I've been a lifetime Mac user and a professional web developer for over 10 years and the new 2016 MacBook Pros are, hands down, my favorite Macs in a decade. The only laptop I have loved as much or more in my life was the 12" PowerBook G4. So much has been made about whether these machines are truly "pro" that I wanted to share my thoughts from a web developer's point of view.
FORM FACTOR / BUILD QUALITY
The form factor is nearly perfect. This size hits the sweet spot between convenience, weight and performance. I've had to hop back on my previous 15" MBP for a file here or there in the last month and it now feels comically huge and cumbersome, not to mention feeling downright flimsy in terms of structural integrity. The new MBP feels, even more than previous models, like it’s been carved from a single piece of aluminum. The new space grey anodization is a welcome alternative to the traditional Apple silver.
The keyboard took me all of a day to get used to. The larger keys and shorter key travel have me typing more efficiently and more accurately than on my 2013 15" Retina MBP, or any other keyboard for that matter. I had recently purchased the latest Apple Magic Keyboard and was loving that until this new MacBook Pro showed up at my door. Others have mentioned this keyboard being on the clicky side of things (read: loud) but this really doesn't bug me. If this same keyboard could be produced and be less clicky, I'm sure I'd love that too but it's not something that I really notice.
Much has been made of the battery life on these new MacBook Pros.Consumer Reports, after originally not recommending these machines due to concerns over battery, has now reversed their stance following a recent software update from Apple. Anecdotally, I have found my machine to have impressive battery life. I can spend hours at my local coffee shop, doing all of the normal things I do to run Chromatic, and have well over 50-60% battery life by the time I make it back home. I suspect that my daily routine is a pretty good barometer for web professionals:
- Slack open and in use throughout.
- Chrome open with a dozen or so tabs open throughout.
- Harvest open throughout.
- Fantastical open throughout.
- TweetBot open throughout.
- Terminal running, multiple SSH sessions.
- Sublime Text running with multiple file tabs.
- Spotify streaming music most of the time.
- Zoom for video calls running for a good portion of the time.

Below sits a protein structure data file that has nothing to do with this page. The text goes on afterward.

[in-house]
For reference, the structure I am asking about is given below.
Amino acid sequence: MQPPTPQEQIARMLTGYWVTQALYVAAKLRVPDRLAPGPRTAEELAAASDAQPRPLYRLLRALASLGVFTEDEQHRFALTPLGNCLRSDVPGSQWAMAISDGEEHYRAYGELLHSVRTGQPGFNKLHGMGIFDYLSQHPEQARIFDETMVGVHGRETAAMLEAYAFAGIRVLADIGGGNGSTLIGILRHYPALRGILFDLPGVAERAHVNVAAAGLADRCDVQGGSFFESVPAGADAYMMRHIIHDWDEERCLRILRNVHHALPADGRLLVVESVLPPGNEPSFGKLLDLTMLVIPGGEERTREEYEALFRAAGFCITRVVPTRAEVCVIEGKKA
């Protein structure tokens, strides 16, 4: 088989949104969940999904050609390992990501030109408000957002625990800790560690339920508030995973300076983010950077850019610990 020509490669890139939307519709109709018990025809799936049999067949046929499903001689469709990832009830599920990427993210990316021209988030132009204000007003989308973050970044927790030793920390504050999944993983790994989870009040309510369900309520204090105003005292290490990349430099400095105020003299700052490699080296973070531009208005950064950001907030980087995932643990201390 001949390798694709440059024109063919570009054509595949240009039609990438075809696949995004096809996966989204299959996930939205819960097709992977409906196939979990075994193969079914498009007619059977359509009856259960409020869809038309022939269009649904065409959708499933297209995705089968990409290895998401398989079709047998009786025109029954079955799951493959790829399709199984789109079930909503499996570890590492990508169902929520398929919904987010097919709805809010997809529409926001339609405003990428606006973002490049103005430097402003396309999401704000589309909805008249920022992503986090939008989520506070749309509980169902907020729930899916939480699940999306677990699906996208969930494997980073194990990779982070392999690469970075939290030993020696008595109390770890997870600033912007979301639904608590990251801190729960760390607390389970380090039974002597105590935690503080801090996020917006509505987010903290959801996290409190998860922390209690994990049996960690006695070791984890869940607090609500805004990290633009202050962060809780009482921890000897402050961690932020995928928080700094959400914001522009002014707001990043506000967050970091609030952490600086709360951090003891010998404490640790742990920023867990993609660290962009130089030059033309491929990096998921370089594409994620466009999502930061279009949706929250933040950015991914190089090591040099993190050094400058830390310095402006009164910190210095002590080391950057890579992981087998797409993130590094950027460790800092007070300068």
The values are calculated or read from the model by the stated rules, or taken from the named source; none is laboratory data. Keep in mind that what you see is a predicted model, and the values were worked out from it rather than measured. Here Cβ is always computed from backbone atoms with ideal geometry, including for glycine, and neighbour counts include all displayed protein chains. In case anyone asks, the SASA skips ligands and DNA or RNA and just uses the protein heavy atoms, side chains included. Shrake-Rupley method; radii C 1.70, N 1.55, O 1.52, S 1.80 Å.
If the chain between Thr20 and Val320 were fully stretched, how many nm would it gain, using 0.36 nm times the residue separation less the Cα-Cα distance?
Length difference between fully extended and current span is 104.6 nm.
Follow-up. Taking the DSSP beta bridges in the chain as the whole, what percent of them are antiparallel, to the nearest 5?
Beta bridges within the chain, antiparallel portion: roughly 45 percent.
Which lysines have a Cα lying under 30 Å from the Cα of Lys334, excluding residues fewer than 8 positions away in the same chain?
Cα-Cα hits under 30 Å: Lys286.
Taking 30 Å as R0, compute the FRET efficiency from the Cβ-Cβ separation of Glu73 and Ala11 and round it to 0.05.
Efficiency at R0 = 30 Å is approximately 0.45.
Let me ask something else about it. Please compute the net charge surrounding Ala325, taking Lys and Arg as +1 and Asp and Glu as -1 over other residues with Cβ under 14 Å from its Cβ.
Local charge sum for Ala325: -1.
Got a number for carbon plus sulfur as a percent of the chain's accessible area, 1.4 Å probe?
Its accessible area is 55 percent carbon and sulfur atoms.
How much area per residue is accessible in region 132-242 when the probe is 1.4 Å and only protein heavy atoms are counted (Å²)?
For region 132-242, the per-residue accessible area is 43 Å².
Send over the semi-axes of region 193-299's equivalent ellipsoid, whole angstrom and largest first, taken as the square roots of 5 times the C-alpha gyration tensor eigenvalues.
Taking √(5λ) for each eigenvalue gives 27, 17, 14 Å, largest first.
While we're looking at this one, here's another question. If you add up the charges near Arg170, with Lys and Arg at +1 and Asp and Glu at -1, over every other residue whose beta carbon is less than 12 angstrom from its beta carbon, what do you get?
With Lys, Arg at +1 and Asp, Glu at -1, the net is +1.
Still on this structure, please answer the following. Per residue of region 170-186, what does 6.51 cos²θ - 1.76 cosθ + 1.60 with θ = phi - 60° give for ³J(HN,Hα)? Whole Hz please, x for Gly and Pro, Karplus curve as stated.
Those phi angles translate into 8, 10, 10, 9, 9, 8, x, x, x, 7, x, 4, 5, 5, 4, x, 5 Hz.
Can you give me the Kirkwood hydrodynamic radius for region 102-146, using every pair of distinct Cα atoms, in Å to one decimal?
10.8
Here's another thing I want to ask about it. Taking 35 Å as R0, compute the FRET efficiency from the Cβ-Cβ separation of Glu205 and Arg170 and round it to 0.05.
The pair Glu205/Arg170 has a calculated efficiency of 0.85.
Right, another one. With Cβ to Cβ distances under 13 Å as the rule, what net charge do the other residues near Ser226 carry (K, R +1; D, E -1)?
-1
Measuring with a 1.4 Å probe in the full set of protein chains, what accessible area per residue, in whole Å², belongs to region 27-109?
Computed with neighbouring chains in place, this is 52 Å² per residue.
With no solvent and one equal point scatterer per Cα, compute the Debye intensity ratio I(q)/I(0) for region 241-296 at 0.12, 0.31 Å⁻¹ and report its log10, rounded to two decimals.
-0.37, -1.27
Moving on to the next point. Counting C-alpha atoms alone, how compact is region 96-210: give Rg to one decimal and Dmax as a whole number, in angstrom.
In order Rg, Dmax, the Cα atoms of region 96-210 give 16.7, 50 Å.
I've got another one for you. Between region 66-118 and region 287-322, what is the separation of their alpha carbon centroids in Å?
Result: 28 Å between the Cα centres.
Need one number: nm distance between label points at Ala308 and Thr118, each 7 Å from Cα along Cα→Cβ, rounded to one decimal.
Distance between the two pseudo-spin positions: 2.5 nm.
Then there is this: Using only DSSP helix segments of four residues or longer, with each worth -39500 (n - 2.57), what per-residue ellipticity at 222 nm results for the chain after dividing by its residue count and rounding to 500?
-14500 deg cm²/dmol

- Photoshop, Sketch open here and there.
Given all the fuss that others are raising, I do wonder if there are some lemons out there or if Apple still has some software tuning to do. Suffice it to say, this machine certainly does not seem to be a step backwards in battery life over my previous 15" MacBook Pro.
Note: It is fair to argue that other web developers might have different requirements than the routine I listed above. My friend Jeff Geerling would probably fall into that camp. He has a completely different opinion of these machines.
THE TOUCH BAR
When the Touch Bar was announced, I had some serious doubts about this new input device. I remember saying to fellow colleagues during the live keynote that I didn't think it would be something I would ever use or remotely find helpful. I was wrong. My thought was that since I almost never look at the keyboard, that I would hardly notice the Touch Bar. Turns out that it is actually quite useful. Here are some of my favorite ways to use the Touch Bar:
- Play/Pause Music in iTunes/Spotify.
- Scrubbing music, audio files.
- Adjusting Volume.
- Quickly enabling "Do Not Disturb".
- Scrubbing through months/weeks/days in Fantastical.
Ever since Touch ID debuted on the iPhone, I've been pining for it to come to the Mac. Now that it has, I could never go back. My only wish is that Apple treated this not as a "Pro" feature, but as a one all Macs deserved right away. I'm sure it will slowly trickle down to the other Macs, but the sooner the better. The sensor works as advertised. It's not quite as fast as that on the iPhone 6S/7, but it certainly isn't slow. 1Password + Touch ID is a game changer.
Best display I've seen/used on a Mac laptop. Crisp edges, good balance and very bright. No real complaints here.
The lack of a physical escape key was another area of real concern for me before these machines shipped. Surprisingly, I haven't really missed it as much as I expected. The hit area on the Touch Bar that is reserved for the persistent esc key is much larger than the button itself, so my muscle memory hasn't been greatly impacted. The biggest gripe I have is that the visual button is not flush left with the rest of the keyboard. I get that Jony Ive wants symmetry in all things, but this is one design decision that really irks me even after a month of heavy use.
USB-C is definitely the future and I'm happy to see Apple using an industry standard instead of some proprietary port, but I wish they'd kept at least one USB-A port. Dongles suck. They're ugly, expensive and so inelegant and decidedly un-Apple, it hurts. The fact that I literally cannot connect my brand new iPhone 7 to this machine out of the box looks really bad. Apple has clearly chosen to take all of this pain and bad press at once, but I do think it's too much too soon. Even for a Mac loyalist like myself.
The larger trackpad is a very welcome addition. I think the best indicator of how good the new trackpad is how little I have noticed it. Like the previous generation MBPs, these trackpads have no moving parts (they don't physically move/click). This was my first trackpad like this, but it really only took me about an hour to forget that the taptic engine was tricking me into thinking the button was clicking. After that, I've barely had to think about it. I've had zero problems with palm rejection or lack thereof.